More information expected at annual meeting
By Jane Myhra
No decision has been reached on the future of the after-school program in the Clintonville School District.
After a lengthy discussion at its July 27 meeting, the Clintonville School Board did not come to a consensus on the issue.
“We want some sort of after-school program,” said District Administrator Tom O’Toole.
The current after-school program is funded partially by a CLC grant, and is strictly regulated. The school district has been approved for the $50,000 grant for 2015-16.
The total cost for the 2014-15 after-school program was $89,000, which included transportation costs.
Several staff members voiced concern that the grant-funded program has too many restrictions.
“Those restrictions make it really tough,” one staff member said.
Staff members asked the board to approve a district-funded after-school program that would allow more flexibility.
“Let’s decide what our teachers are excited to teach and let them teach it,” said Middle School Principal Scott Werfal. “We already have a number of activities for kids.”
“A program designed by us will not only serve the younger people in our district, but also the students in grades K-12,” said High School Principal Lance Bagstad. “It would give kids another step toward academic achievement.”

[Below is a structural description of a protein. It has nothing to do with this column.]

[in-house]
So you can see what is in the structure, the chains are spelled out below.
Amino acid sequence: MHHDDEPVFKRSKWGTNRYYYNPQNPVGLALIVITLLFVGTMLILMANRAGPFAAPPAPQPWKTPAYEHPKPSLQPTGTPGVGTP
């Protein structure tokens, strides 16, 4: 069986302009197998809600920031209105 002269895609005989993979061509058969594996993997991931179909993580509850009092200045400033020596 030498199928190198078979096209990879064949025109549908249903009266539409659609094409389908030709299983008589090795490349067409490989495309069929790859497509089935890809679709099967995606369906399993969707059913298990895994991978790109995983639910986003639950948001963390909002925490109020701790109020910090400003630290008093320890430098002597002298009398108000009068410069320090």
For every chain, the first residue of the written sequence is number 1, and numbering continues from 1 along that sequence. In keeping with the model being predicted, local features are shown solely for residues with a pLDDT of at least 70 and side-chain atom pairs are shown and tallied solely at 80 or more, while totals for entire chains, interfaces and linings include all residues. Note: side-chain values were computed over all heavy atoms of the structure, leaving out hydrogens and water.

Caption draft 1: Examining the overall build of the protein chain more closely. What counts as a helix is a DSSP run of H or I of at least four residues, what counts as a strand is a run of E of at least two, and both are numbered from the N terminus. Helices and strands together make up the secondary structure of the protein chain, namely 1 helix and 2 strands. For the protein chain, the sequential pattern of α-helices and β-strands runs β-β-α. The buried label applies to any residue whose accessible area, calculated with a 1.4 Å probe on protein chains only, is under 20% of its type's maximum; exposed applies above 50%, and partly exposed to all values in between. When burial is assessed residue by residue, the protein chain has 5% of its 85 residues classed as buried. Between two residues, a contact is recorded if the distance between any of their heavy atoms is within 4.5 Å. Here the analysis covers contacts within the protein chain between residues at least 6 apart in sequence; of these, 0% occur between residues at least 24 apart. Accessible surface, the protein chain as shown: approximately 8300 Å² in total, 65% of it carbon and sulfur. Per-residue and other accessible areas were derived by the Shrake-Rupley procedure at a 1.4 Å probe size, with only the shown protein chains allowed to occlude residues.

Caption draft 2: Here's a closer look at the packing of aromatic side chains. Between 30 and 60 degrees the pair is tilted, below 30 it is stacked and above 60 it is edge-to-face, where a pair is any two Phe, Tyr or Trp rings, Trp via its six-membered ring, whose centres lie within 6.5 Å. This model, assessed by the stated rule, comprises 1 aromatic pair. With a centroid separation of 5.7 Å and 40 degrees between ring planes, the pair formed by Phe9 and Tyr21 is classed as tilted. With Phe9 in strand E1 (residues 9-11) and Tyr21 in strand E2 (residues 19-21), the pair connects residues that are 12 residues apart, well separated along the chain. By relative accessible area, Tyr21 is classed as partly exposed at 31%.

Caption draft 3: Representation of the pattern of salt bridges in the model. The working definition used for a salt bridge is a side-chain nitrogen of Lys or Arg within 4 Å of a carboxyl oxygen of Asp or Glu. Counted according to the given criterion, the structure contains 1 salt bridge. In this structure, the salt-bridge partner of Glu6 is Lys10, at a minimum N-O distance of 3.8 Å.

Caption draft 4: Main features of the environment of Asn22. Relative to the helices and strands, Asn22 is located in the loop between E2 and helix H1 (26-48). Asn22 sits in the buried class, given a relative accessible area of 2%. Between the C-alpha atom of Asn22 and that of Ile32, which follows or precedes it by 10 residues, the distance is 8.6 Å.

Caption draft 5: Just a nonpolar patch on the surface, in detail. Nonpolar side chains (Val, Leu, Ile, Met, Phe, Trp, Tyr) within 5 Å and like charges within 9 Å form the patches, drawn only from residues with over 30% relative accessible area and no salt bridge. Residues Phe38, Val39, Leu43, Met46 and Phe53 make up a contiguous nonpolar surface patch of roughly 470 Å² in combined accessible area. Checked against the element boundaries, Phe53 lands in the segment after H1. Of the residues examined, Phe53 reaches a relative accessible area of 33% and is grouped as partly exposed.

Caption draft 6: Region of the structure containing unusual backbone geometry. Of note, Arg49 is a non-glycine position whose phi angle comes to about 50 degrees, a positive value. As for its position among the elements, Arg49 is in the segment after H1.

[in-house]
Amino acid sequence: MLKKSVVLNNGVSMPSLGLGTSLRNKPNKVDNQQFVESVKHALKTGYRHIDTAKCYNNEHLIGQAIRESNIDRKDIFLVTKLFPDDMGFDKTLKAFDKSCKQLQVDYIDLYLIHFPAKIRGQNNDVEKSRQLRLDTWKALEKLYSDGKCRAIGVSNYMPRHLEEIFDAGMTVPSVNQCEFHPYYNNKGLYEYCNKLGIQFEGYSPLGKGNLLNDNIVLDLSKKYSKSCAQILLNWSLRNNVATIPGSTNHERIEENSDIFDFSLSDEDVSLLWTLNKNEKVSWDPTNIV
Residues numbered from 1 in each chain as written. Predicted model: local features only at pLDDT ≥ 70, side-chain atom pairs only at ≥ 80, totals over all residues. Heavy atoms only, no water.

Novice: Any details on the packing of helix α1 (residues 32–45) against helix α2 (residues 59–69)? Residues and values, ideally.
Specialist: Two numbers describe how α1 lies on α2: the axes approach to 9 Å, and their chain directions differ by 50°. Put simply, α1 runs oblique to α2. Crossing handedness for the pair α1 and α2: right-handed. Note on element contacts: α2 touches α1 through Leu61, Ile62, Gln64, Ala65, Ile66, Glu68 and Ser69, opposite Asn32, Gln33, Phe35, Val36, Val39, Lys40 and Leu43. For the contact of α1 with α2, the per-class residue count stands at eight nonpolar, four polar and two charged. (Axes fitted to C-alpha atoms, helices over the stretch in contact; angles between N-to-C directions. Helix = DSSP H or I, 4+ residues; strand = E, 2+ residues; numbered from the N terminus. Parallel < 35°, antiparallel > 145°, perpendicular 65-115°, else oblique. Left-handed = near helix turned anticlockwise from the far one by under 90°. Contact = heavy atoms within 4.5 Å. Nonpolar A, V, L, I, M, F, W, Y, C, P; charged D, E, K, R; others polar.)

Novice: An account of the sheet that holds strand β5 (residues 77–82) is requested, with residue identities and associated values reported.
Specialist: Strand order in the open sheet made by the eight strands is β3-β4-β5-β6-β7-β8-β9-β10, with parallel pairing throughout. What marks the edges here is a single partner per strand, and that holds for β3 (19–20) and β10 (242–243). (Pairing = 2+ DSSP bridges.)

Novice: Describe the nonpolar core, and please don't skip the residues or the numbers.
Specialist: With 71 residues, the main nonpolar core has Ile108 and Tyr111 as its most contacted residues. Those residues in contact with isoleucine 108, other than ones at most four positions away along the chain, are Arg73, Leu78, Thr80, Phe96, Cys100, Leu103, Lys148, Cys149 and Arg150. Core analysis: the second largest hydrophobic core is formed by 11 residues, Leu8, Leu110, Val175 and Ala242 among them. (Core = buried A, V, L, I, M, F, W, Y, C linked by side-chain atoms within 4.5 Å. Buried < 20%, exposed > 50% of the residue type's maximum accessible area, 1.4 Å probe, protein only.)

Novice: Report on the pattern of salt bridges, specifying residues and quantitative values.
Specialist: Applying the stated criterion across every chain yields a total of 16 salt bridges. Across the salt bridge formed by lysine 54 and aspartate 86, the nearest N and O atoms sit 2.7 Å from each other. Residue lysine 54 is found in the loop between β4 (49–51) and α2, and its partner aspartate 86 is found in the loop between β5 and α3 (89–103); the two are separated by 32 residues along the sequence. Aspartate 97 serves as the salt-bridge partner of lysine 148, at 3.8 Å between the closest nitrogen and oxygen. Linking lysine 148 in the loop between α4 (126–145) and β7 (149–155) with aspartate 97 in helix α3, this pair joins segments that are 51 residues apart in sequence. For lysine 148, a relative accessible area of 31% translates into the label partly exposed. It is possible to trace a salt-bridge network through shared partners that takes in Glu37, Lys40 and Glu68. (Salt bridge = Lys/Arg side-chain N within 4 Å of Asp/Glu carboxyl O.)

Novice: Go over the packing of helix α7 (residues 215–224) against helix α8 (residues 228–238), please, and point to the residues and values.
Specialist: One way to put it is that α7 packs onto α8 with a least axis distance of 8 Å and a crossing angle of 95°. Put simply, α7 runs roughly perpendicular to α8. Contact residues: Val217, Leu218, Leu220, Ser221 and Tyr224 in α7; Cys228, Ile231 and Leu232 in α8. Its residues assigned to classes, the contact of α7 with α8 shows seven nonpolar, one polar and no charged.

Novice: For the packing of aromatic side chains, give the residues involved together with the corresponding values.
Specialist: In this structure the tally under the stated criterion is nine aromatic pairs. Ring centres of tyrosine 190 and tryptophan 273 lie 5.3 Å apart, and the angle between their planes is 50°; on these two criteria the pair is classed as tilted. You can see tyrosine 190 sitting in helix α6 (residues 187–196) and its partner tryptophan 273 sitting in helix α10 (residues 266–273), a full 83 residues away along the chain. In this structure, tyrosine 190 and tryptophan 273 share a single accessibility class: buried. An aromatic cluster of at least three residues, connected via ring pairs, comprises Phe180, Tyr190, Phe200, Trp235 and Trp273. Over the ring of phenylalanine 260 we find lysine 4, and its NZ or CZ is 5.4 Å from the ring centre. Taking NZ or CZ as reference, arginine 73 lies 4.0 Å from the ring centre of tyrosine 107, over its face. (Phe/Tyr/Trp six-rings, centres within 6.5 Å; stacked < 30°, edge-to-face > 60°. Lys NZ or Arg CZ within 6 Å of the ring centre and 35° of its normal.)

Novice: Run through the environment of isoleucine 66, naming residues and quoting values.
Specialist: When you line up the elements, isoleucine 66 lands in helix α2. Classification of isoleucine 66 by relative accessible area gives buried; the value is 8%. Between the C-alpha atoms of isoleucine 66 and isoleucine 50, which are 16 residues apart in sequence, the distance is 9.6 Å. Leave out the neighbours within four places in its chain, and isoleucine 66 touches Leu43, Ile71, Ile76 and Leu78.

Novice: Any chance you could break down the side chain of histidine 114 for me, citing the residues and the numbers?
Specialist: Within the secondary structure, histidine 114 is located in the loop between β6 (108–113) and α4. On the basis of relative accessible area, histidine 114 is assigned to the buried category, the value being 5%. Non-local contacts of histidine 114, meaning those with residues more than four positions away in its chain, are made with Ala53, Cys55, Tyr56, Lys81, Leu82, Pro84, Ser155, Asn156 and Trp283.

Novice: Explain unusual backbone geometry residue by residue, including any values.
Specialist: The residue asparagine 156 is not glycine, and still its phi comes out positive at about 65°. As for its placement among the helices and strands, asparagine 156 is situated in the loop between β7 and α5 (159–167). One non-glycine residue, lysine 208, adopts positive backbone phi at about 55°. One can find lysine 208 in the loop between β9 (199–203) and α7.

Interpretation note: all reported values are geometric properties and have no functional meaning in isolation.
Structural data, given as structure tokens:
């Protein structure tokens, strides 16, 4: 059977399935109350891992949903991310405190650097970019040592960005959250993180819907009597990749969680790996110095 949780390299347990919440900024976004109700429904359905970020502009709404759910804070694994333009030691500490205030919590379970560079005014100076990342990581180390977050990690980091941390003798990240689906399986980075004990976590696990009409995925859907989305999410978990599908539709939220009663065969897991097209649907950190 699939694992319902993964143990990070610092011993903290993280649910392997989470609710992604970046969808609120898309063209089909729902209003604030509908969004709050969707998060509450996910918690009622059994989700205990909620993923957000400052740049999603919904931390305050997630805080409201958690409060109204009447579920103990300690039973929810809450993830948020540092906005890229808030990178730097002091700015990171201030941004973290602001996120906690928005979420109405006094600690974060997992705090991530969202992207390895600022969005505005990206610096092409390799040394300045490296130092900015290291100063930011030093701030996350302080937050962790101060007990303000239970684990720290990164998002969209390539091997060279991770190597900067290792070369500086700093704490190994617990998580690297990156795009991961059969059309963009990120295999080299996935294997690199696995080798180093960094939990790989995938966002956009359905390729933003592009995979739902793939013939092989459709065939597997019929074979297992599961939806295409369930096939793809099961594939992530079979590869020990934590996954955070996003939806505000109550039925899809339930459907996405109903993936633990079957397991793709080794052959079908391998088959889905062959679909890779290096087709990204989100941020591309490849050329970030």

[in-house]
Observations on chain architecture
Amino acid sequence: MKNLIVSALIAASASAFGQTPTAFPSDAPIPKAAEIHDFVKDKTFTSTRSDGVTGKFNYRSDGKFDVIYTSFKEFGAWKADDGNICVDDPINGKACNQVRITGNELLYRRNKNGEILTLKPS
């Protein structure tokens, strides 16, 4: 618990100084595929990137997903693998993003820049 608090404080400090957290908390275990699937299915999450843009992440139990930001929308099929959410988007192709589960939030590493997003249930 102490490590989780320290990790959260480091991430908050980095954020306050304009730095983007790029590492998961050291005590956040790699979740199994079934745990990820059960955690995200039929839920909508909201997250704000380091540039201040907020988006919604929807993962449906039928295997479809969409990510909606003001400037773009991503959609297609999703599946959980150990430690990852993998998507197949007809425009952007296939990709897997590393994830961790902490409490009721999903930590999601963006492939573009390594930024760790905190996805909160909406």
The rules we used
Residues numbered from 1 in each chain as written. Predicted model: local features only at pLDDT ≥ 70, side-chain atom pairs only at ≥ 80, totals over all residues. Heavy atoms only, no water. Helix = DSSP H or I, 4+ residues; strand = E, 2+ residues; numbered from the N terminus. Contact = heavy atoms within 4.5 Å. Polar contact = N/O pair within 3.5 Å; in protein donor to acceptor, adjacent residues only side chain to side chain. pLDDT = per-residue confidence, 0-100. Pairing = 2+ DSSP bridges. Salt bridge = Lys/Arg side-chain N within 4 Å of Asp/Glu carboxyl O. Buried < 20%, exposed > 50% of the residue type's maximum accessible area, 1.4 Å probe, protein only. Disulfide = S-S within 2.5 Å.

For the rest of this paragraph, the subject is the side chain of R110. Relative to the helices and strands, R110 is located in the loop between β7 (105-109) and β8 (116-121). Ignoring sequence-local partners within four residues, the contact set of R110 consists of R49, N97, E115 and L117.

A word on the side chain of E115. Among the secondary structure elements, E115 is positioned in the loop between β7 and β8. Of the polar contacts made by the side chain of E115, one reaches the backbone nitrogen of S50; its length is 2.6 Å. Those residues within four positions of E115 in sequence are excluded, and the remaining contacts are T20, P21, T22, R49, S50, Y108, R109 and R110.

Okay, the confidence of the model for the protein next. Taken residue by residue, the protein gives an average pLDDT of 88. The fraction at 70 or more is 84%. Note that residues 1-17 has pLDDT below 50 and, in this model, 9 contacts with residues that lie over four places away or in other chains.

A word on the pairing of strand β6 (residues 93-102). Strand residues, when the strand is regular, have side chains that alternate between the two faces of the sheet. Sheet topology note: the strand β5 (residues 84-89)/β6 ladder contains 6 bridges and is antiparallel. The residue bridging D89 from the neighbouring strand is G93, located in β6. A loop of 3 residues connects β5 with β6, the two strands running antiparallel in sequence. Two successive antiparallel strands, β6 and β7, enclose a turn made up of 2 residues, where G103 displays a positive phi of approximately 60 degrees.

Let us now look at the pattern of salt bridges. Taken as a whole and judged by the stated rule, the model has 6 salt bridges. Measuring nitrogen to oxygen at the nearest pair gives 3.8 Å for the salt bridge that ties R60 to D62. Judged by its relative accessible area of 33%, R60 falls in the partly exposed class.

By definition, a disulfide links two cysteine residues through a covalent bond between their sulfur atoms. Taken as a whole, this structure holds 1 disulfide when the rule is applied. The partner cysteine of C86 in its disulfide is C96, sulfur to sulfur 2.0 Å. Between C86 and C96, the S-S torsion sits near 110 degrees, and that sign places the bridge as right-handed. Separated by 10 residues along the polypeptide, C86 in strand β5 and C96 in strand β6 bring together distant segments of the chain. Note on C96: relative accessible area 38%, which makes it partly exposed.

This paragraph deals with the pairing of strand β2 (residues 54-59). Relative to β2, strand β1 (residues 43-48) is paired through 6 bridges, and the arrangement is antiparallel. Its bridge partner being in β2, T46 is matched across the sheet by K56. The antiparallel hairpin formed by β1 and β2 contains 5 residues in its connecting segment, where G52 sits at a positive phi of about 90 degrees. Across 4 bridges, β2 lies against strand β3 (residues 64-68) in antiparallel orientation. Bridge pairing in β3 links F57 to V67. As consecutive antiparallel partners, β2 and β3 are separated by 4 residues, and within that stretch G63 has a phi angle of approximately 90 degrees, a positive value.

Bagstad said having control over the after-school program would allow the staff to assist with homework and provide Internet access outside of the classroom.
There was some concern over what would happen to the $50,000 CLC grant money if the school district didn’t use it.
“As a business manager, it is really hard to turn away $50,000,” said Business Manager Lynette Edwards. “But the CLC funding will eventually be gone, so if we can transition to our program, we will be ahead of the game.”
“I think we are wise to continue (CLC) for another year,” said Board Member Jim Schultz. “It has accomplished what it intended us to accomplish – we want our own (after-school) program.”
“The better program will be had if it is locally run and not CLC run,” said Board Member Dirk Weber.
Schultz encouraged the board to consider what is best for the students.
“The funding is not our biggest challenge – it’s the staffing,” Edwards said.
Board President Ben Huber suggested that the district keep the CLC-funded program in the younger grades and design an after-school program for grades 5-12.
“I am not yet convinced that getting out of the CLC grant would be the best thing,” Huber said. “The consistency of the CLC program is important to people. It provides a service to our community.”
He suggested the district keep the CLC program for one more year, and plan a district-wide after-school program for 2016-17.
“If we don’t implement it this year, we will implement it next year, so it won’t be a wasted effort,” Huber said.
According to O’Toole, the after-school program could be funded through Fund 80.
“If we’re going to do it under Fund 80, it needs to be approved at the annual meeting,” Edwards said.
Four of the six board members indicated they would be interested in more information and costs for implementing a district-wide after-school program.
Huber directed the administrative team to provide concrete ideas by the district’s annual meeting.